St Lucia's Church, Dembleby

This summer I called at St Lucia's church at Dembleby, a small village which might better be described as a hamlet. I arrived to find the church locked, which usually puts me in a poor mood for having made the wasted journey, especially when far better and older churches place greater trust in the visiting public. St Lucia’s, I am told, contains a fine normal font, which I glimpsed through a window, though it appears too dainty for that period to my eye.

Yet the rest of it, though aesthetically pleasing, is inauthentic. Its windows are a round-headed Norman and it even boasts a semi-circular apse rather than a more typical, square chancel, all suggesting an eleventh or twelfth century construction. Yet it is nothing of the kind, being an obviously Victorian replica. Historic England traces its youthful heritage to 1868. It is lamb dressed as mutton, a little girl stomping about the landing in her mother’s high heels, lips gauchely painted red, rouge clumsily but generously smeared over the cheeks.

To be fair, if St Lucias’s had bothered to open, I might have found kinder things to write. Nevertheless, it struck me that there is much in the religious world which claims an ancient heritage but is really novel, new and innovative. It is partly why I dislike Anglo-Catholicism; it is Victoriana dressing up as medieval, while Roman Catholicism is medieval dressing up as ancient. The Gospel predates all, for it comes from the very mind of God, who designed to save humans from the foundation of the world. All other ideas and concepts are later, though they claim much older pedigrees and lineage than reality would warrant.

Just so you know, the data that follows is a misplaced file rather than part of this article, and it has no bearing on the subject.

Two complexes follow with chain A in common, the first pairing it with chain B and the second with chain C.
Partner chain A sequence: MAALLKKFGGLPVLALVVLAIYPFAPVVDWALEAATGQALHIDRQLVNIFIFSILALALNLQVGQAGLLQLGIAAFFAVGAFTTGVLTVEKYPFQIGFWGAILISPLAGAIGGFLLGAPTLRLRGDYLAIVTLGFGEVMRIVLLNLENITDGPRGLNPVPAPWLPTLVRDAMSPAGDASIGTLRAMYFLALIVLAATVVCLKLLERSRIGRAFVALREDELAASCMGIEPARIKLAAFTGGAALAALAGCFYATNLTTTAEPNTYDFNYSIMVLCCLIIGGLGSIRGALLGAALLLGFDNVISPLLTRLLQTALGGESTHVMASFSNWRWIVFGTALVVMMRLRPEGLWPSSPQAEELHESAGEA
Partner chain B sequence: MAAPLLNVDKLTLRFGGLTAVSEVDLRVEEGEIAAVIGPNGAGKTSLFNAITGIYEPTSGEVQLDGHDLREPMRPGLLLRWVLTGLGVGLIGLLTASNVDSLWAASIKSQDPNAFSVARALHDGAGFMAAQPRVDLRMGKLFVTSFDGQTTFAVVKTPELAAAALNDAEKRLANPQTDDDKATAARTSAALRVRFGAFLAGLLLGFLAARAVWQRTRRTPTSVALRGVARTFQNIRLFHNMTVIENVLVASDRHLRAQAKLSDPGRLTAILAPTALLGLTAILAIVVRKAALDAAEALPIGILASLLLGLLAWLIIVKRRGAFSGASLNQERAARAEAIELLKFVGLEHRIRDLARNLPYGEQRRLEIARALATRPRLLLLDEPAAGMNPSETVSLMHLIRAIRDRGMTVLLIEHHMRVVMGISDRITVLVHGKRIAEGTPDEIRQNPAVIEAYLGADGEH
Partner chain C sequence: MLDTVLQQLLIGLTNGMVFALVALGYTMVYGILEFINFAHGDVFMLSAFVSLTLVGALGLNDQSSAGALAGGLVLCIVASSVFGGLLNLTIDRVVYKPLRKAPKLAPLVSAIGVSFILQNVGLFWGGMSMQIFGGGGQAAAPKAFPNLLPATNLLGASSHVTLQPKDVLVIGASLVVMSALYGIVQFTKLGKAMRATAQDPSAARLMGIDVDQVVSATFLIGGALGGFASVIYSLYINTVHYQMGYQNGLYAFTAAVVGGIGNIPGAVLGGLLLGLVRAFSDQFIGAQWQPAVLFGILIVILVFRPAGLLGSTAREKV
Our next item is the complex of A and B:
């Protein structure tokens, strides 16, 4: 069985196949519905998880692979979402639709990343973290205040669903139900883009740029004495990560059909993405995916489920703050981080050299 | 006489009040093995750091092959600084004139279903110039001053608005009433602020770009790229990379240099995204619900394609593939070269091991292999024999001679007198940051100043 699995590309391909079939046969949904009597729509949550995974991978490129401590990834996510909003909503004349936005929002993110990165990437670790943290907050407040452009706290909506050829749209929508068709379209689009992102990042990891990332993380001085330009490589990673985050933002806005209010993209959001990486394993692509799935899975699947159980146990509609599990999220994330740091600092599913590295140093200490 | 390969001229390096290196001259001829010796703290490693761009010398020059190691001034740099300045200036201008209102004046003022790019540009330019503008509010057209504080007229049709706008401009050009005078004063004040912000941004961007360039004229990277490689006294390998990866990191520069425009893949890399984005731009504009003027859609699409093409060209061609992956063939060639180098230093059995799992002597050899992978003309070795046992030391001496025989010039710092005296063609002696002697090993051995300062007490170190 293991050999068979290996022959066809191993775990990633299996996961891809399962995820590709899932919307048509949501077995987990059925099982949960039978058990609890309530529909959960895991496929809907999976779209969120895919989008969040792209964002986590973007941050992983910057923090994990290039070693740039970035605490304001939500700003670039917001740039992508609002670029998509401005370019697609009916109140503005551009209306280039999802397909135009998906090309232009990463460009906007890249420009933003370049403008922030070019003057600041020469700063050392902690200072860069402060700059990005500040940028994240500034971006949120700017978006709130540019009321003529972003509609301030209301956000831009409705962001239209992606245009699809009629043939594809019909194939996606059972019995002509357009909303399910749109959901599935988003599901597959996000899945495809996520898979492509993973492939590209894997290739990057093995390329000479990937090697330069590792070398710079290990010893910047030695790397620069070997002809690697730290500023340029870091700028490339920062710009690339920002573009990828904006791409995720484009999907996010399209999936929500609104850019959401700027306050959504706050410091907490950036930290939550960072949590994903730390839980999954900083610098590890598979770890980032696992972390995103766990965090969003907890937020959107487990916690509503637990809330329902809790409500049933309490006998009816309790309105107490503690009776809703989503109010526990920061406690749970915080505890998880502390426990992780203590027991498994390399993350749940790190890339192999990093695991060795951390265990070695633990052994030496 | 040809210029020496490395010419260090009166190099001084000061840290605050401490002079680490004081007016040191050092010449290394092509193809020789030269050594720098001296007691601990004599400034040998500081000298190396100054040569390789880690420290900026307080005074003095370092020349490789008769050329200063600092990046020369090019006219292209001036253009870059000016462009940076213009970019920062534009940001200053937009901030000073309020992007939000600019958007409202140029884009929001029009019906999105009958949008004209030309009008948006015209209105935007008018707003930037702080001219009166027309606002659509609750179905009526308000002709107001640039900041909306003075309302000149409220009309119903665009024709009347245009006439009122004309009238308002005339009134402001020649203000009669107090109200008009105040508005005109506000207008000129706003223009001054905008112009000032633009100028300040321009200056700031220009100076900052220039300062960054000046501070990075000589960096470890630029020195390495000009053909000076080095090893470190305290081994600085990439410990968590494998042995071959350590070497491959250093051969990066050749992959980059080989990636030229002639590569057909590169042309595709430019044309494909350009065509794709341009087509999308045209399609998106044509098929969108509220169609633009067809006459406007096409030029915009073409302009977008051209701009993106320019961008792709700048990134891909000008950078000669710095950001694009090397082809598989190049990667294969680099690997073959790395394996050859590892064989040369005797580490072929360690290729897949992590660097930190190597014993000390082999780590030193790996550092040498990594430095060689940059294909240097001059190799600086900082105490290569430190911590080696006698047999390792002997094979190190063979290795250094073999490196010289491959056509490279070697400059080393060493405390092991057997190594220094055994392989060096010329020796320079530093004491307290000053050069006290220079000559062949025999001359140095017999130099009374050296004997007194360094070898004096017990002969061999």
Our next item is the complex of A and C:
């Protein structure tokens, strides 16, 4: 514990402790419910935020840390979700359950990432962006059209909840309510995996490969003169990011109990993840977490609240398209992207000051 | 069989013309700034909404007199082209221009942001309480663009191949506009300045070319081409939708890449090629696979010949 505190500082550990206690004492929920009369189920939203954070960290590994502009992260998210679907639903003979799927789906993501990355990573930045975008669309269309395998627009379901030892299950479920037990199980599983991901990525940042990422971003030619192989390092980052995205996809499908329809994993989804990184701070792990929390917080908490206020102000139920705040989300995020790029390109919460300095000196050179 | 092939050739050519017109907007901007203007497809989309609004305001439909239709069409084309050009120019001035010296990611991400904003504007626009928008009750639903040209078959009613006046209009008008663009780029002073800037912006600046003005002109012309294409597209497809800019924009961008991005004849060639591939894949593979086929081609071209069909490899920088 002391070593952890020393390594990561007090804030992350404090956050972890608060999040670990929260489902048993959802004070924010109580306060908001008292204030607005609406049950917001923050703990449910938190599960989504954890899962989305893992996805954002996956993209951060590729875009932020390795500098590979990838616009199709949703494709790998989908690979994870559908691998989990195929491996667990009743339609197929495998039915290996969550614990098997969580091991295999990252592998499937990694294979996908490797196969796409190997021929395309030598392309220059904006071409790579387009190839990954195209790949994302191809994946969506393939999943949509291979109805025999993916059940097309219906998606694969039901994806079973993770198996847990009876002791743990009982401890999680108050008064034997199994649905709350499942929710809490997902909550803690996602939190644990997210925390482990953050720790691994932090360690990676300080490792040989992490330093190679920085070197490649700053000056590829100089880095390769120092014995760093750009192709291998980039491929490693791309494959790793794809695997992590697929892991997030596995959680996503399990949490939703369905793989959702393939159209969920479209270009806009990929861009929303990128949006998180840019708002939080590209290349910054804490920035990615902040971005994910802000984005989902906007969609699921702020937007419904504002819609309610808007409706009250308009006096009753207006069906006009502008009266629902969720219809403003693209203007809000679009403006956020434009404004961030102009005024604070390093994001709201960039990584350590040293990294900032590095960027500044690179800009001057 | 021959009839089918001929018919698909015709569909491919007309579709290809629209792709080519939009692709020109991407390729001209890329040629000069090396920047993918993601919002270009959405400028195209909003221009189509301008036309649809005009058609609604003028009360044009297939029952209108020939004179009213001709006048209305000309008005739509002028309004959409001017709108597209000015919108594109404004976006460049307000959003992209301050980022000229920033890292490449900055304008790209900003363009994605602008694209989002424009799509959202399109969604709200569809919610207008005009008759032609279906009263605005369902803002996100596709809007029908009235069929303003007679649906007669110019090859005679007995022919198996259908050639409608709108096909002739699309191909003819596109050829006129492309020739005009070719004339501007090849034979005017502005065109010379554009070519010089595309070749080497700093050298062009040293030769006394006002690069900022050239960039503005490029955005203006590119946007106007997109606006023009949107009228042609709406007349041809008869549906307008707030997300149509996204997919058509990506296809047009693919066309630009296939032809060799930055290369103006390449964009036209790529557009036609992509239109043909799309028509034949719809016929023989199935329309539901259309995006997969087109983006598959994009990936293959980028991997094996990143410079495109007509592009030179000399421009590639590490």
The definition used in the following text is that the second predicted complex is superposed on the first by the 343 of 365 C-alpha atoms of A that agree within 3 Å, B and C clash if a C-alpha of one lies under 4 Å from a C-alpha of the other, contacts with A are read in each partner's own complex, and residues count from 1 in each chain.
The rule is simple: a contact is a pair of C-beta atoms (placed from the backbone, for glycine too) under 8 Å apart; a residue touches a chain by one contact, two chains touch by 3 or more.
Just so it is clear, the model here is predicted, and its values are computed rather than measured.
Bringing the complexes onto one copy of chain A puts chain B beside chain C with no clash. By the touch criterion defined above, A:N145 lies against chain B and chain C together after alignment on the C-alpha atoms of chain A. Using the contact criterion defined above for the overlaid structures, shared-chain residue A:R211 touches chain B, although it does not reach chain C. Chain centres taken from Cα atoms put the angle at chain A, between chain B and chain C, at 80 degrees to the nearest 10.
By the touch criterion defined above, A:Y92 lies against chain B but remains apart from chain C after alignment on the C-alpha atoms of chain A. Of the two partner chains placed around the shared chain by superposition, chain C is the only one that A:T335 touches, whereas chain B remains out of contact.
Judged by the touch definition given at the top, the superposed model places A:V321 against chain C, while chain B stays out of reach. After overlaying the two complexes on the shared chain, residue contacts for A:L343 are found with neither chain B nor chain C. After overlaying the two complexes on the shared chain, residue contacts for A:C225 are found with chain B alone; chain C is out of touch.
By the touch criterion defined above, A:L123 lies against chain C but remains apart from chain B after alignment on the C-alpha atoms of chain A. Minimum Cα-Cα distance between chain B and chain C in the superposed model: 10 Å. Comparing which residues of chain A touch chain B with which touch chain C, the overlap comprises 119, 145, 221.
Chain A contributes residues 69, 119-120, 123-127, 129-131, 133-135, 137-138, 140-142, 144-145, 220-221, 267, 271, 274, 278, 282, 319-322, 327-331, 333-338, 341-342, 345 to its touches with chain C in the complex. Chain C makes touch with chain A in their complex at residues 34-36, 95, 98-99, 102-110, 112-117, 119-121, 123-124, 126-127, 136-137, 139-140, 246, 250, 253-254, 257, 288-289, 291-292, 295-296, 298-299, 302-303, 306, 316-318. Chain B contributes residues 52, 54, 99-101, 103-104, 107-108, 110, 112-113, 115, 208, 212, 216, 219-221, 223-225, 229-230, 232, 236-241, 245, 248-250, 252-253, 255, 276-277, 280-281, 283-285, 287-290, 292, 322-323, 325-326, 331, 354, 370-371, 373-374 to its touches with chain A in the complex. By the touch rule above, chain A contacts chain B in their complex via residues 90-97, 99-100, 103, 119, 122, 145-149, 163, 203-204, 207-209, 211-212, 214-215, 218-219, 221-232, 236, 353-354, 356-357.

Thus says the Lord: “Stand in the ways and see, and ask for the old paths, where the good way is, and walk in it; then you will find rest for your souls. But they said, ‘We will not walk in it.’ Jeremiah 6:16, NKJV